Supposing there was no intelligence behind the universe, no creative mind. In that case, nobody designed my brain for the purpose of thinking. It is merely that when the atoms inside my skull happen, for physical or chemical reasons, to arrange themselves in a certain way, this gives me, as a by-product, the sensation I call thought. But, if so, how can I trust my own thinking to be true? It's like upsetting a milk jug and hoping that the way it splashes itself will give you a map of London. But if I can't trust my own thinking, of course I can't trust the arguments leading to Atheism, and therefore have no reason to be an Atheist, or anything else. Unless I believe in God, I cannot believe in thought: so I can never use thought to disbelieve in God.
He plunged his arms deep to embrace One who vanished in agitated water. Again and again he kissed The lips that seemed to be rising to kiss his But dissolved, as he touched them, Into a soft splash and a shiver of ripples. How could he clasp and caress his own reflection? And still he could not comprehend What the deception was, what the delusion. He simply became more excited by it. Poor misguided boy! Why clutch so vainly At such a brittle figment? What you hope To lay hold of has no existence. Look away and what you love is nowhere.
In the glittering light I got drunk and reeled through the rooms, And cried, “Cartagena! swamp of unholy loves!” And wept for the Indian whores who were younger than me, and I was eighteen, And splashed after the crew down the streets wearing sandals bought at a stall And got back to the ship, dawn came, we were far out at sea.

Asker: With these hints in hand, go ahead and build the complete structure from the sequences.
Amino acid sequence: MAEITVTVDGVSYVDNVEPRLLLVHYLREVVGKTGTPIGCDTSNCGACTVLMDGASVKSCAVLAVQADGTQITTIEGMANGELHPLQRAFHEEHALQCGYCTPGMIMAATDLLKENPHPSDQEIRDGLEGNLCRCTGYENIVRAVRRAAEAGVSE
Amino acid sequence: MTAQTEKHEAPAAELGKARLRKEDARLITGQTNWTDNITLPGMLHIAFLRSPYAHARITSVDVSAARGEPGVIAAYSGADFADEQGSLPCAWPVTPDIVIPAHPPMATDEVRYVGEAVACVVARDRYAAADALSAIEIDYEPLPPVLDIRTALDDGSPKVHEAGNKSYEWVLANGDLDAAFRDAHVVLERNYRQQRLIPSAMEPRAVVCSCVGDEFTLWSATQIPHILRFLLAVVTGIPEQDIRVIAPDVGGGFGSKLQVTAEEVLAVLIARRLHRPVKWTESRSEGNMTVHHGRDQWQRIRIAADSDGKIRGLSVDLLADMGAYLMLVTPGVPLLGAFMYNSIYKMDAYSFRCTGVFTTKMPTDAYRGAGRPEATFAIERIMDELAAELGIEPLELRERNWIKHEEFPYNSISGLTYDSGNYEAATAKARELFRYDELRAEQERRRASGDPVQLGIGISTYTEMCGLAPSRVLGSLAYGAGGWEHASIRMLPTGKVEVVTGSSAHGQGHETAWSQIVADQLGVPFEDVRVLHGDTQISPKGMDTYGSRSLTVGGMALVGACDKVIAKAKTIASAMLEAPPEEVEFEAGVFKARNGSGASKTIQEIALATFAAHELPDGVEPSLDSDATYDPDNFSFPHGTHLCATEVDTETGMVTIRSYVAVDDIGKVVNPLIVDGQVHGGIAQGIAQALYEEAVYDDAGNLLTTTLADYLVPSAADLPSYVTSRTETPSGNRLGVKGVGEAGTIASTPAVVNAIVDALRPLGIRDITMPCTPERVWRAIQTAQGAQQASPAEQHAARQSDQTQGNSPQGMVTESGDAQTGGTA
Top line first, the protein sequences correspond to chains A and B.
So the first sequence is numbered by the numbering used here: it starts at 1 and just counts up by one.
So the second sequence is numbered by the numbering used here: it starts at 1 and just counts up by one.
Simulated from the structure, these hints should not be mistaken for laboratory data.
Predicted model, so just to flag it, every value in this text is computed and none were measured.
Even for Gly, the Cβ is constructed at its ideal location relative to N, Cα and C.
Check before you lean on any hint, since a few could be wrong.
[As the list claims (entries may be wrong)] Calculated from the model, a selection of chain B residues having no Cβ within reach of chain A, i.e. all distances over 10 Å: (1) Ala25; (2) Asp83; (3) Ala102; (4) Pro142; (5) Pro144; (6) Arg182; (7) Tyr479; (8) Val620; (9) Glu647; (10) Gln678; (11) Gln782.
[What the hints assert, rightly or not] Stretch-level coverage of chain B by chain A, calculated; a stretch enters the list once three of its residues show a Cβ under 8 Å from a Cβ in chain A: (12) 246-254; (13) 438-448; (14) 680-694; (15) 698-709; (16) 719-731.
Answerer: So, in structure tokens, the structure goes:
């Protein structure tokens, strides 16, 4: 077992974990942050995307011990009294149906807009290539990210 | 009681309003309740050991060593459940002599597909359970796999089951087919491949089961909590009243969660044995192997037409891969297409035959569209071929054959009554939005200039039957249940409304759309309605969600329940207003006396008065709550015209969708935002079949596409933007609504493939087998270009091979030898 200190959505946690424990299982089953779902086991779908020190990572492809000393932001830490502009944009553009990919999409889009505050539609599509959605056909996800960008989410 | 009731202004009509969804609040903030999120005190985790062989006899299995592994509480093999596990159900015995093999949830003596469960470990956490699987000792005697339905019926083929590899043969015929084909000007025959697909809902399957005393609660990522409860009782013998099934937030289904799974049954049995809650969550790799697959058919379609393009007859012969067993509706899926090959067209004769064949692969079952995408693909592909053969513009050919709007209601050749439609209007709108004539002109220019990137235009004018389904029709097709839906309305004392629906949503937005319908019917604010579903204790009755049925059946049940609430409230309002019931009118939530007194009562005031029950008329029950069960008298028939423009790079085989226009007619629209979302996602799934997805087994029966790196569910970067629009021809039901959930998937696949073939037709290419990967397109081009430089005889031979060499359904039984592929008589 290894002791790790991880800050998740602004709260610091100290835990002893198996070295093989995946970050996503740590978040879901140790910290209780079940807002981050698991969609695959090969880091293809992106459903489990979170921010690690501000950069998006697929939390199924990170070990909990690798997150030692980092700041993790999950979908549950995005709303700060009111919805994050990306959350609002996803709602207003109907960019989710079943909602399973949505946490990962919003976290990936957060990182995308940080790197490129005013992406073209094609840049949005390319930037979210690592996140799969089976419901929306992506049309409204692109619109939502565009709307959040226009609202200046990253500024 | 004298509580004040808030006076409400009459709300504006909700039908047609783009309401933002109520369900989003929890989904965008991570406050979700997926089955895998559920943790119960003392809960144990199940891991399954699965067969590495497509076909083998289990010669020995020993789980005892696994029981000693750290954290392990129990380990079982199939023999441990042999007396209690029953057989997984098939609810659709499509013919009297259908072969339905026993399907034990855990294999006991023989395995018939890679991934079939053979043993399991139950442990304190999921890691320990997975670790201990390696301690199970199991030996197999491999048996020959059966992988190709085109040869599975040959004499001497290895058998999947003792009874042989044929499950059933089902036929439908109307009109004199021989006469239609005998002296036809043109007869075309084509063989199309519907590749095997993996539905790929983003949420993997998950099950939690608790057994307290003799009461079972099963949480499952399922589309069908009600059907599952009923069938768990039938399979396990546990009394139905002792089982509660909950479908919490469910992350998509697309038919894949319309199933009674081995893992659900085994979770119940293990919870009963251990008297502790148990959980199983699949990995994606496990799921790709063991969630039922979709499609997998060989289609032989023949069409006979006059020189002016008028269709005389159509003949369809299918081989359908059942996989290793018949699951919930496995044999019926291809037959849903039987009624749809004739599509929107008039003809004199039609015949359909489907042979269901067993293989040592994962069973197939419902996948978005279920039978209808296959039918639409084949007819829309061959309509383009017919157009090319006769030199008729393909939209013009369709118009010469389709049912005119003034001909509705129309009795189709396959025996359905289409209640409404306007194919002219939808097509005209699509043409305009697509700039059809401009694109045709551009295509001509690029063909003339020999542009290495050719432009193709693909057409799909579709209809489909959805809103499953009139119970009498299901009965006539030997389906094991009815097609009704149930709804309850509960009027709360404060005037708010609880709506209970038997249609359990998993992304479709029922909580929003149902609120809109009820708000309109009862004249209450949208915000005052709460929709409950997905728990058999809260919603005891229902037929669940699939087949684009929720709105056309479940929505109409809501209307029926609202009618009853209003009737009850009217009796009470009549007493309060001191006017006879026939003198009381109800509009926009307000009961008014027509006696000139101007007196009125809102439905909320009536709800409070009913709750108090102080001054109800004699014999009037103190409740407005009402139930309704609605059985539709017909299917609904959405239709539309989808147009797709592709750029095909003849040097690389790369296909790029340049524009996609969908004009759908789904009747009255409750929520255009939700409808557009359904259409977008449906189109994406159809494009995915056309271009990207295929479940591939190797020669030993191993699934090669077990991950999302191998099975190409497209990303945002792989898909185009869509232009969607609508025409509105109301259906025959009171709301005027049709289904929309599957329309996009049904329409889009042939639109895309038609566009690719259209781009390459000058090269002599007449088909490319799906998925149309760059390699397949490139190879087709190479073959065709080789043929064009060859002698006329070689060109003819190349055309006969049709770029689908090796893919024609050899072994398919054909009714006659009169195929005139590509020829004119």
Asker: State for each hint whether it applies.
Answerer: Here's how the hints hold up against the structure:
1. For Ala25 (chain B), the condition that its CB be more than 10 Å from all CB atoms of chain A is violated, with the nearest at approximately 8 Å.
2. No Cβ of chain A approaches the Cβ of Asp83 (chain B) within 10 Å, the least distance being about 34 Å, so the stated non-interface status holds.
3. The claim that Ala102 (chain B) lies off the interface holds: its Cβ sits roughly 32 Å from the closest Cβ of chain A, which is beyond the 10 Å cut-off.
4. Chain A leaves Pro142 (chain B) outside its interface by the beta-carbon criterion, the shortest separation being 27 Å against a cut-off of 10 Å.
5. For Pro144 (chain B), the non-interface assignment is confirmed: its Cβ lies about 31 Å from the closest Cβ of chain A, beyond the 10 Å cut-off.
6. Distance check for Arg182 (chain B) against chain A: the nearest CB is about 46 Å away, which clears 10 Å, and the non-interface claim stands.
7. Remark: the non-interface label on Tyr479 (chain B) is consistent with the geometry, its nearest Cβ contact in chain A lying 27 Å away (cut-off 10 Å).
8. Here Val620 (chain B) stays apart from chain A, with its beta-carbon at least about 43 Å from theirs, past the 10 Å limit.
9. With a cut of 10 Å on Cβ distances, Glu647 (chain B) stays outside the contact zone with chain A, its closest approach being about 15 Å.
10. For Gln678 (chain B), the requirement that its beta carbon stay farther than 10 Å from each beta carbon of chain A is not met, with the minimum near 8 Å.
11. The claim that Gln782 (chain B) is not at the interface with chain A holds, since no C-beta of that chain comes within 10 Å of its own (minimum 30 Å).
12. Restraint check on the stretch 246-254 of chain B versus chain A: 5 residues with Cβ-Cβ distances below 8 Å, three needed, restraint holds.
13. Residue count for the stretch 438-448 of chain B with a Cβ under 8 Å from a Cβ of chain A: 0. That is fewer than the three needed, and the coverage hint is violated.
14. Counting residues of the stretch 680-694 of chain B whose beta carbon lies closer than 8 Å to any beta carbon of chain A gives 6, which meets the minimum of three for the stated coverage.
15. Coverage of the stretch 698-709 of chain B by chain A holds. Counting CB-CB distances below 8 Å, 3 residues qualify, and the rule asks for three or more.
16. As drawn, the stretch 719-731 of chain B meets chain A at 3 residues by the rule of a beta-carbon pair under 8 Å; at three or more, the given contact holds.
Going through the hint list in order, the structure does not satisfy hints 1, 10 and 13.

If your fianc tended to come sailing in windows without notice, you didn’t have extra time to run and gather up messes. She dropped everything into the hamper and stepped into a hot, steamy shower, soap with no cloying scent, just clean. Just her again. And her eyes shut while she was standing there. She’d slip down the shower wall and go to sleep there, but she was already getting stiff. She got out, delved into the medicine cabinet for a couple of Advil and chased them down with a glass of water. Clean, clear water. A miracle. She stood watching crystal liquid swirl down the drain and thought somehow she’d never asked herself how water got that clean. She splashed it up in her face, dried her Band-Aids with a towel And went and turned on her computer. Last thing. Last defining thing – on any day.-Lois Lane
The queen gazes into the garden. There, near the trees, is a fountain; it is white in the darkness and tall, tall as a ghost. The queen hears, through the talk and the music, the soft splashing of its waters. She looks and thinks. You, Sirs, you are all noble, clever, rich, you throng round me, every one of my words is precious to you, you are all ready to die at my feet, you are my slaves.. But there, by the fountain, by the plashing water, he whose slave I am awaits me. He wears neither gorgeous raiment nor precious stones, no one knows him, but he await me, sure that I come – and I shall come –and there is no power in the world that can stop me when I want to go to him, to be with him, to lose myself with him there in the darkness of the garden, with the rustling of the trees and the murmur of the fountain …' Zinaida was silent.